Contact7 finds sellers passing off problems in hot housing market

AURORA, Colo. — The Dennys of Aurora thought they did everything right when they bought their new home.

"They knew there was mold in the walls," said Renee Denny in tears, "I believe they knew it.  They didn't fix this stuff."

She said they noticed the smell first and started looking for the source.

"We noticed rat poop all over," said Denny pulling back a plastic covering from where their dishwasher used to be.

Denny, a disabled veteran, said they found black mold under the kitchen sink and behind the dishwasher.

"My husband has asthma, I'm having breathing problems because of it," she said.

Denny said the hazard was not revealed by the seller of the home and that the home inspector they hired did not find it.

"As soon as we were done closing, the guy (seller) come running over real quick shaking my husband’s hand all aggressively like, 'Yay we got the house sold,'" Denny said.

That was less than six months ago.

Denny said they have asked their realtor and home inspector to help them and that they do not have the money to fix the costly problem.

"My husband's blind and I'm disabled, and we're just reaching out," she said. 

Jennifer Bachler bought her house from a couple of home flippers less than 2-years ago.

"My ceiling in my entryway caved in," she said.

Bachler said the damage started to show within months of moving in.

The ceilings and the walls started to crumble.

"I'm nervous that eventually, the ceiling is going to cave in," she said. "The new cabinets looked great on the outside, but Bachler said doors started to fall off."

She admits the more she looked, the more she found signs of patching and painting.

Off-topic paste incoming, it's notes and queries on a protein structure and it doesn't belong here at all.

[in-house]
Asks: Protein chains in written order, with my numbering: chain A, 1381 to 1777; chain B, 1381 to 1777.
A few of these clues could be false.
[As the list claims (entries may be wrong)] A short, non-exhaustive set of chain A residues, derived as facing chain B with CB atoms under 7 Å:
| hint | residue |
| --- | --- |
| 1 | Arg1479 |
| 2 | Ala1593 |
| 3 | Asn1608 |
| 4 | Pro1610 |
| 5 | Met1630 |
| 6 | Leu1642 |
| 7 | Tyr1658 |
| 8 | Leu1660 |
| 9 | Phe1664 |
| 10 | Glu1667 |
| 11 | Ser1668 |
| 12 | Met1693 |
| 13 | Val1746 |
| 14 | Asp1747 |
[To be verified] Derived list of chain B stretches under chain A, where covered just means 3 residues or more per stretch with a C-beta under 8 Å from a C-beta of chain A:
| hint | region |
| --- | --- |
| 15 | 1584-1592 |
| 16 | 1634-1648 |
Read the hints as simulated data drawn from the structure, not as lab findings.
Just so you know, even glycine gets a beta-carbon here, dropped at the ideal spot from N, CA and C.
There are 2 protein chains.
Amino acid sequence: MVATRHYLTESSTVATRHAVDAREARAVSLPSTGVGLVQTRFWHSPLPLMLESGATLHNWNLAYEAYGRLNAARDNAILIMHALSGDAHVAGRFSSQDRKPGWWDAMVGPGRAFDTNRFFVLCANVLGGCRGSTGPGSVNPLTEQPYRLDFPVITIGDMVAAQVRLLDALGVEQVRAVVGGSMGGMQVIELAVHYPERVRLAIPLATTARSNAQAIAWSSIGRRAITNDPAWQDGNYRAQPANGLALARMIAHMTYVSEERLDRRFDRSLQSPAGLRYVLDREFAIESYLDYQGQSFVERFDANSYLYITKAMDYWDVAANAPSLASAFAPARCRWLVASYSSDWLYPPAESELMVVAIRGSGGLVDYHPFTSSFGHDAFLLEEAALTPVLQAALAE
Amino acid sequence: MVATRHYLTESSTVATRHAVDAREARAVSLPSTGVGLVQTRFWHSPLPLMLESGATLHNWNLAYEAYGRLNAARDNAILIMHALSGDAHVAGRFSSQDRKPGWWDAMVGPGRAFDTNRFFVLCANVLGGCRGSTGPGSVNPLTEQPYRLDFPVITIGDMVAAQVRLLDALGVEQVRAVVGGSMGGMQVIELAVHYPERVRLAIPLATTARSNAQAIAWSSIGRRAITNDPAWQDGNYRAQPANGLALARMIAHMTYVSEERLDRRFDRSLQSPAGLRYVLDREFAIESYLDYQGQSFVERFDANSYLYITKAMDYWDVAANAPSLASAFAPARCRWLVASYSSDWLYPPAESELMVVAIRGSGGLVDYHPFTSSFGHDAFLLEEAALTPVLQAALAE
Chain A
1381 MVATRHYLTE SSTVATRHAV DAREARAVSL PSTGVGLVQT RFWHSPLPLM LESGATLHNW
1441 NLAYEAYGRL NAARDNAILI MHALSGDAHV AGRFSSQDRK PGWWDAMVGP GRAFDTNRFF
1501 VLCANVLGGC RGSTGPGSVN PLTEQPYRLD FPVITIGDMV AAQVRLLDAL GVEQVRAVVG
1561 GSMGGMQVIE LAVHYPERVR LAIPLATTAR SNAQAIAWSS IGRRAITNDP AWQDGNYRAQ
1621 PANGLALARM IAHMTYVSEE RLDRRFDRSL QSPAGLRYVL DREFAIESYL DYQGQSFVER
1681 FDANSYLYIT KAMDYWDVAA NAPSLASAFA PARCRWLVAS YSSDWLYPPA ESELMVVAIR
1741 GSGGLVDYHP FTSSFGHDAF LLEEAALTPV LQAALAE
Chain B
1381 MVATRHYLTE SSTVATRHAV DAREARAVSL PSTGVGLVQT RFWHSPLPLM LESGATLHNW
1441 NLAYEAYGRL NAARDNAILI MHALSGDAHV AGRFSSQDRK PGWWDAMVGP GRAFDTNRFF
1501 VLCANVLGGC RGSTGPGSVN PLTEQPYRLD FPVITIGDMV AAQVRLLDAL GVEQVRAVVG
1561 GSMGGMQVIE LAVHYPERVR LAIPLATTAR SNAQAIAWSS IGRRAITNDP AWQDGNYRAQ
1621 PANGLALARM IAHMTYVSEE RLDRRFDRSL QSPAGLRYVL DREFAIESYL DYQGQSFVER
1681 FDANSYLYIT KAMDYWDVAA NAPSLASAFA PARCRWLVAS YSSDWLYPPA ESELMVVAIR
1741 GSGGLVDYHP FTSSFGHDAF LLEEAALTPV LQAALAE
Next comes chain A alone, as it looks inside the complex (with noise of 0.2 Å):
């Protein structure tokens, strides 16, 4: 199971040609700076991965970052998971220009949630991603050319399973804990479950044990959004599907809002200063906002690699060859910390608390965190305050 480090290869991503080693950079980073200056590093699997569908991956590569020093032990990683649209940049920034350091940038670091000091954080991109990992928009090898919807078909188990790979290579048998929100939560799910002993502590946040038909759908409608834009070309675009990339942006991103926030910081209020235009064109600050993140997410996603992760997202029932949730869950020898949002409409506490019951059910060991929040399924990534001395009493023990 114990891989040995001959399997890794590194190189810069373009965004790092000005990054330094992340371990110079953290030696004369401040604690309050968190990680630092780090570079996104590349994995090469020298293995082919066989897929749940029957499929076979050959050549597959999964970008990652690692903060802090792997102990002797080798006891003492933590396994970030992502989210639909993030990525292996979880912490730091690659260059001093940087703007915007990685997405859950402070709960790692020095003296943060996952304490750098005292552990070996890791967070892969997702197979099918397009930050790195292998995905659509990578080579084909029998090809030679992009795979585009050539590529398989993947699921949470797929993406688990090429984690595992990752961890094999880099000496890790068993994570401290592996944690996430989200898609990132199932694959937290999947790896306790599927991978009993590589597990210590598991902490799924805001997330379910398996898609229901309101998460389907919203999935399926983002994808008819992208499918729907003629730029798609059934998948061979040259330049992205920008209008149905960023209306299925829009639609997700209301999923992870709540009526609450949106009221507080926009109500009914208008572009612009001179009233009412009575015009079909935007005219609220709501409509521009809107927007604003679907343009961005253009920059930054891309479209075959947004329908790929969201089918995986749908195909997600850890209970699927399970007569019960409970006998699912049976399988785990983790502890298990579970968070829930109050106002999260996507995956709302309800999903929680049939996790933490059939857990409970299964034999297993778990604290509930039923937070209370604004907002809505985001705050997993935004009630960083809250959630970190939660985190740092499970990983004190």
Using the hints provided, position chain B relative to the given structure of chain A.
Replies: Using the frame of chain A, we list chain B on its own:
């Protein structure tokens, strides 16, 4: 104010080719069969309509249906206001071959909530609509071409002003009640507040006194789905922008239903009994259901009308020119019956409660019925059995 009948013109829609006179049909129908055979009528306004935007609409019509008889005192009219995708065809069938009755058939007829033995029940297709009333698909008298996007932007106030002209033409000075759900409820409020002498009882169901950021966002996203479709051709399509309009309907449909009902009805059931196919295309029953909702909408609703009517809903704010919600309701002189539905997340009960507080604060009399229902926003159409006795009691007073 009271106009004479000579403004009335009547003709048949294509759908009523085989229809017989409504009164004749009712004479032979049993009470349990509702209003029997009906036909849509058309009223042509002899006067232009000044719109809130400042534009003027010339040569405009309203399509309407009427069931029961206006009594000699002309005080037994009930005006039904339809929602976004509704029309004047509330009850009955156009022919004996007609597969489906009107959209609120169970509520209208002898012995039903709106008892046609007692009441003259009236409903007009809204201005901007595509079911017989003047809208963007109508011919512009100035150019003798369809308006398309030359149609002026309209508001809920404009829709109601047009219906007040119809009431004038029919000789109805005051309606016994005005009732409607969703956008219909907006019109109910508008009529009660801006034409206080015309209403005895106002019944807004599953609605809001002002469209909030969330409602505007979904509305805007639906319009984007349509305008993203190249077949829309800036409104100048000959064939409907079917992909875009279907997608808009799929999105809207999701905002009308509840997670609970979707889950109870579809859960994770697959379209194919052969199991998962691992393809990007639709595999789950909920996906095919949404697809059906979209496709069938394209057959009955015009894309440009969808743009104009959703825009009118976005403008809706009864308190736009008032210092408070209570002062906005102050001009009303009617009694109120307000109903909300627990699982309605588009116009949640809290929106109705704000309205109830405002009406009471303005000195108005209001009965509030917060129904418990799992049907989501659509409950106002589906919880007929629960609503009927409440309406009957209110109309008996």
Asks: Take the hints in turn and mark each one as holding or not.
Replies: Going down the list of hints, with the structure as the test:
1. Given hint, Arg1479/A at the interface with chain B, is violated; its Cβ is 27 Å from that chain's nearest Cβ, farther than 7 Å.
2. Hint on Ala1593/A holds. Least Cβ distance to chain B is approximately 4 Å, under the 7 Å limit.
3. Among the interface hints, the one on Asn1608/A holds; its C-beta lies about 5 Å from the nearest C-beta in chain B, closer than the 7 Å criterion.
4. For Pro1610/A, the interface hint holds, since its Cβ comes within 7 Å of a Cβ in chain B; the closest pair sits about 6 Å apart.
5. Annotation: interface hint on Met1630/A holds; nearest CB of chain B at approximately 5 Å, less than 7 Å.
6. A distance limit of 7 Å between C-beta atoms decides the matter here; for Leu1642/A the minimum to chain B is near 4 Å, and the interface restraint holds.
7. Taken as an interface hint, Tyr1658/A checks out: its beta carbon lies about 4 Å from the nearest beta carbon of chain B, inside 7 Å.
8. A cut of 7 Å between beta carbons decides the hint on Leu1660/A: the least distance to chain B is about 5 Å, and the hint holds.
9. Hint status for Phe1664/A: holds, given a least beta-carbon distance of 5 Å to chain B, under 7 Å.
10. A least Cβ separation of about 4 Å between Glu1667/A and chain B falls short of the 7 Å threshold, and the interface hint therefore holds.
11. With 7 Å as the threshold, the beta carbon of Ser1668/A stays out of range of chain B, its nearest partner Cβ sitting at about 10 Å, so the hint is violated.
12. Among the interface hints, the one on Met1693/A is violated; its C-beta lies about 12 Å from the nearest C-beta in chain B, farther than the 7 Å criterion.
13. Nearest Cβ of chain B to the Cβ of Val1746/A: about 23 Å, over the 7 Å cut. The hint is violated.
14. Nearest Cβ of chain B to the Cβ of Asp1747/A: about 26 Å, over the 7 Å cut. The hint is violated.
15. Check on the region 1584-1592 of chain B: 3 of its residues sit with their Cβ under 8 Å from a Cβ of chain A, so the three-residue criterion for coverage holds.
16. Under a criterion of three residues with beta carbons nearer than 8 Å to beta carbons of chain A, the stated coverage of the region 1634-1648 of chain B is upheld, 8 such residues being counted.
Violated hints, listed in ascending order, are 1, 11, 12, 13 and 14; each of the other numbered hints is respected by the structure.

The house was made pretty to sell fast, she said, but not much more.

She also said she would need a new, $7,000 roof.

"This house is my dream house, and here I am with all these problems," said Bachler, "It's pretty bad."

The Denny's did the right thing by hiring an inspector they trusted.

But Contact7 uncovered if the inspector fails to find something like mold, which can cost a homeowner thousands in remediation, the inspector has limited liability in Colorado.

The most you can collect in a lawsuit is what you paid for the inspection.

Even if you think a seller should have known about a problem, it is very hard to prove.

Bottom line, regardless of how competitive the housing market is or how pretty a flipped house looks, do not rush a purchase.

Check to be sure any work done to the house was completed by a licensed contractor and passed inspection.

Hire a thorough, top-rated home inspector and even go along on the inspection if you can to be sure everything is inspected.

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